The common theme throughout all of the treatment therapies mentioned here as well as countless others that were not mentioned, in treating addiction, is the idea that self-awareness, self-esteem, spirituality (not religion), and positive self-affirmation are key components to recovery from addiction. Yoga has been practiced for thousands of years to promote enhanced states of enlightenment and mindfulness (Kissen, p. 34). Behavioral health therapists have recently begun to use Yoga as an effective form of recovery from addiction. Yoga provides a self-soothing effect that is needed for addicts to feel comfortable in their own skin. Kissen (2009) discusses how yoga plays a role in recovery from addiction, “Class members perform a series of stretches and postural shifts that increase overall psychological energy, muscle tone, and flexibility and sense of balance – They begin to experience soothing feelings of warmth, relaxation, and reduction of stress, which they soon realize is more under their personal sense of control than was previously thought” (p. 37).
One of the downfalls of yoga in addiction recovery is that it can tend to be enhanced through narcissistic attitudes of self-esteem. This is why a good yoga instructor that is teaching yoga to addicts should also become a licensed clinician capable of confronting and dealing with this narcissistic attitude. Kissen (2009) mentions that addiction is usually associated with negative attacks on the body and self-esteem. Kissen also states that “Whereas an addict feels compelled to work out, shop, have sexual experiences, or do drugs, the yoga class, on the other hand, provides a more mindful, healthfully playful, and volitional context in which the person is continuously invited to discover and personally own various body feelings”, (Kissen, p. 40). It should also be noted that the positive effects of yoga can be addicting in itself. Some practitioners can reach a “yoga high” and crave for that feeling over and over again. Of course, this is a more beneficially healthy practice that being high on drugs, but replacing one addiction with another is never a good thing.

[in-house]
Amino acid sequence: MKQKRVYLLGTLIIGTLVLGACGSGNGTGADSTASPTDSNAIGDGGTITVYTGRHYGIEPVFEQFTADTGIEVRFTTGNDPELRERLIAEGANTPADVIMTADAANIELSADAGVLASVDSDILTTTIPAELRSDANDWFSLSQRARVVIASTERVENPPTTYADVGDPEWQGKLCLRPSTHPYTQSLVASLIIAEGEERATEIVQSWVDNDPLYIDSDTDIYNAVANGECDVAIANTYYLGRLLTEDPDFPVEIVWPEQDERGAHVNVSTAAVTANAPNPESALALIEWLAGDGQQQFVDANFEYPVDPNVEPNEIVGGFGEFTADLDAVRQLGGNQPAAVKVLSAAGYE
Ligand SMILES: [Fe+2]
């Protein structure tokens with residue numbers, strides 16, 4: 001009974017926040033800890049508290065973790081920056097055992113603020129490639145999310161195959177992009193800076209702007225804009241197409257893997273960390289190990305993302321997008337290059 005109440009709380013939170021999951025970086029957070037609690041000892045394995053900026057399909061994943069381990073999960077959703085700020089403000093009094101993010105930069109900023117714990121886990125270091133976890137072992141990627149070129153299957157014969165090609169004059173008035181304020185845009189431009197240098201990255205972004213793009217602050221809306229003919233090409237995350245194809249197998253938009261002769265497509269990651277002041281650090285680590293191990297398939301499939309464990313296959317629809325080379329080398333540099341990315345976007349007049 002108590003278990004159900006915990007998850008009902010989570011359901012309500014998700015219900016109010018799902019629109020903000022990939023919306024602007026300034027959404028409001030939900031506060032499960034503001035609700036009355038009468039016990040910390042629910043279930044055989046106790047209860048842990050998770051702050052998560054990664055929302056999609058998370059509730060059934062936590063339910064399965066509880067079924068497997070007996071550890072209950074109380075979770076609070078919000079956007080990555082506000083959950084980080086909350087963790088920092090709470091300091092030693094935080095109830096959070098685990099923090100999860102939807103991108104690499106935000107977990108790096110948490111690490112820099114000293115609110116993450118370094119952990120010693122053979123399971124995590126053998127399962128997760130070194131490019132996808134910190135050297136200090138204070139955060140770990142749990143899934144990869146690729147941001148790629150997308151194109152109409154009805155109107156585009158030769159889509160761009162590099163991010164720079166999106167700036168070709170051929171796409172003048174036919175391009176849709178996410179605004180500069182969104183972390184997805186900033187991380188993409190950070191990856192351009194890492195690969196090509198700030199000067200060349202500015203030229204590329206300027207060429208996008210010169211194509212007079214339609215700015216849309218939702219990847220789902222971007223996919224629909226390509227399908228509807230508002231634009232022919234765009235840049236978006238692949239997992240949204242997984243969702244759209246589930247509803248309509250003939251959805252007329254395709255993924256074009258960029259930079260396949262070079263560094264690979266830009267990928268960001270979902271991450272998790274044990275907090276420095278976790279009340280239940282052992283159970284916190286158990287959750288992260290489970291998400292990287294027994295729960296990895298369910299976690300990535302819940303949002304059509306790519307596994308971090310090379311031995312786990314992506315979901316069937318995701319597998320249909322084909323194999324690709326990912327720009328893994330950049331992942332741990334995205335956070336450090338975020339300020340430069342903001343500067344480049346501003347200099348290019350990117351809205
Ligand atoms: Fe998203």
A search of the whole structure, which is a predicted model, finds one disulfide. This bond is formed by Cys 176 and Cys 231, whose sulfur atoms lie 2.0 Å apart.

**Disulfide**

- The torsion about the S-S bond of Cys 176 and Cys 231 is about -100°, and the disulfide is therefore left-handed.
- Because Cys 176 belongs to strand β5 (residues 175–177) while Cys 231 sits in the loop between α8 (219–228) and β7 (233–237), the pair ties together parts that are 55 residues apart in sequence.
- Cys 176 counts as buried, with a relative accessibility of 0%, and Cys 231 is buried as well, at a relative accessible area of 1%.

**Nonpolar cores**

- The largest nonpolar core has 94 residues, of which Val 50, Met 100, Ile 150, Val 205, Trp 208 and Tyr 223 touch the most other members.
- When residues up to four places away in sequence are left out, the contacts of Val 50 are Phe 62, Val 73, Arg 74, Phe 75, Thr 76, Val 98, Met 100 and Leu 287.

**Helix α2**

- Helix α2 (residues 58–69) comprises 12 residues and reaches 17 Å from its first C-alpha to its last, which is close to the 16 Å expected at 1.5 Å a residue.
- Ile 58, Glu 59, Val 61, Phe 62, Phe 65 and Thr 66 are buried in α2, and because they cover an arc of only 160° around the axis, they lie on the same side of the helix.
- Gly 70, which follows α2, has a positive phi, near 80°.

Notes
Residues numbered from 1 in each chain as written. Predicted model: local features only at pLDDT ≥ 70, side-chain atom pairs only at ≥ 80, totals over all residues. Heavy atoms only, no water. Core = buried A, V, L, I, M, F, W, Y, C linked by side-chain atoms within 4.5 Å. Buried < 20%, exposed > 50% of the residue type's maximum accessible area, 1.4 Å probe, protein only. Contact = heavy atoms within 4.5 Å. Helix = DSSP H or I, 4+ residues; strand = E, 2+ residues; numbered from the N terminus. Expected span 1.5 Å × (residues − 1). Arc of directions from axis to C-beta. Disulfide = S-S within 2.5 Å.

by Chris Sobel – Primary Therapist BHT
Chris has been part of the Prescott House team since 2005 and an active member in the recovery community in Prescott since 2002. In his work with each client, he brings forthrightness, inspiring life experience, and a commitment to helping men recover from addiction. Chris has many passions including golf and NY Mets baseball, and most importantly, spending time with his wife and two daughters.
Chris is also an amazing cook! Try some of his recipes: Easy Posole | Watermelon Salad
*Kissen, M., & Kissen-Kohn, D. (2009). Reducing addictions via the self-soothing effects of yoga. Bulletin of the Menninger Clinic, 73(1), 34-43.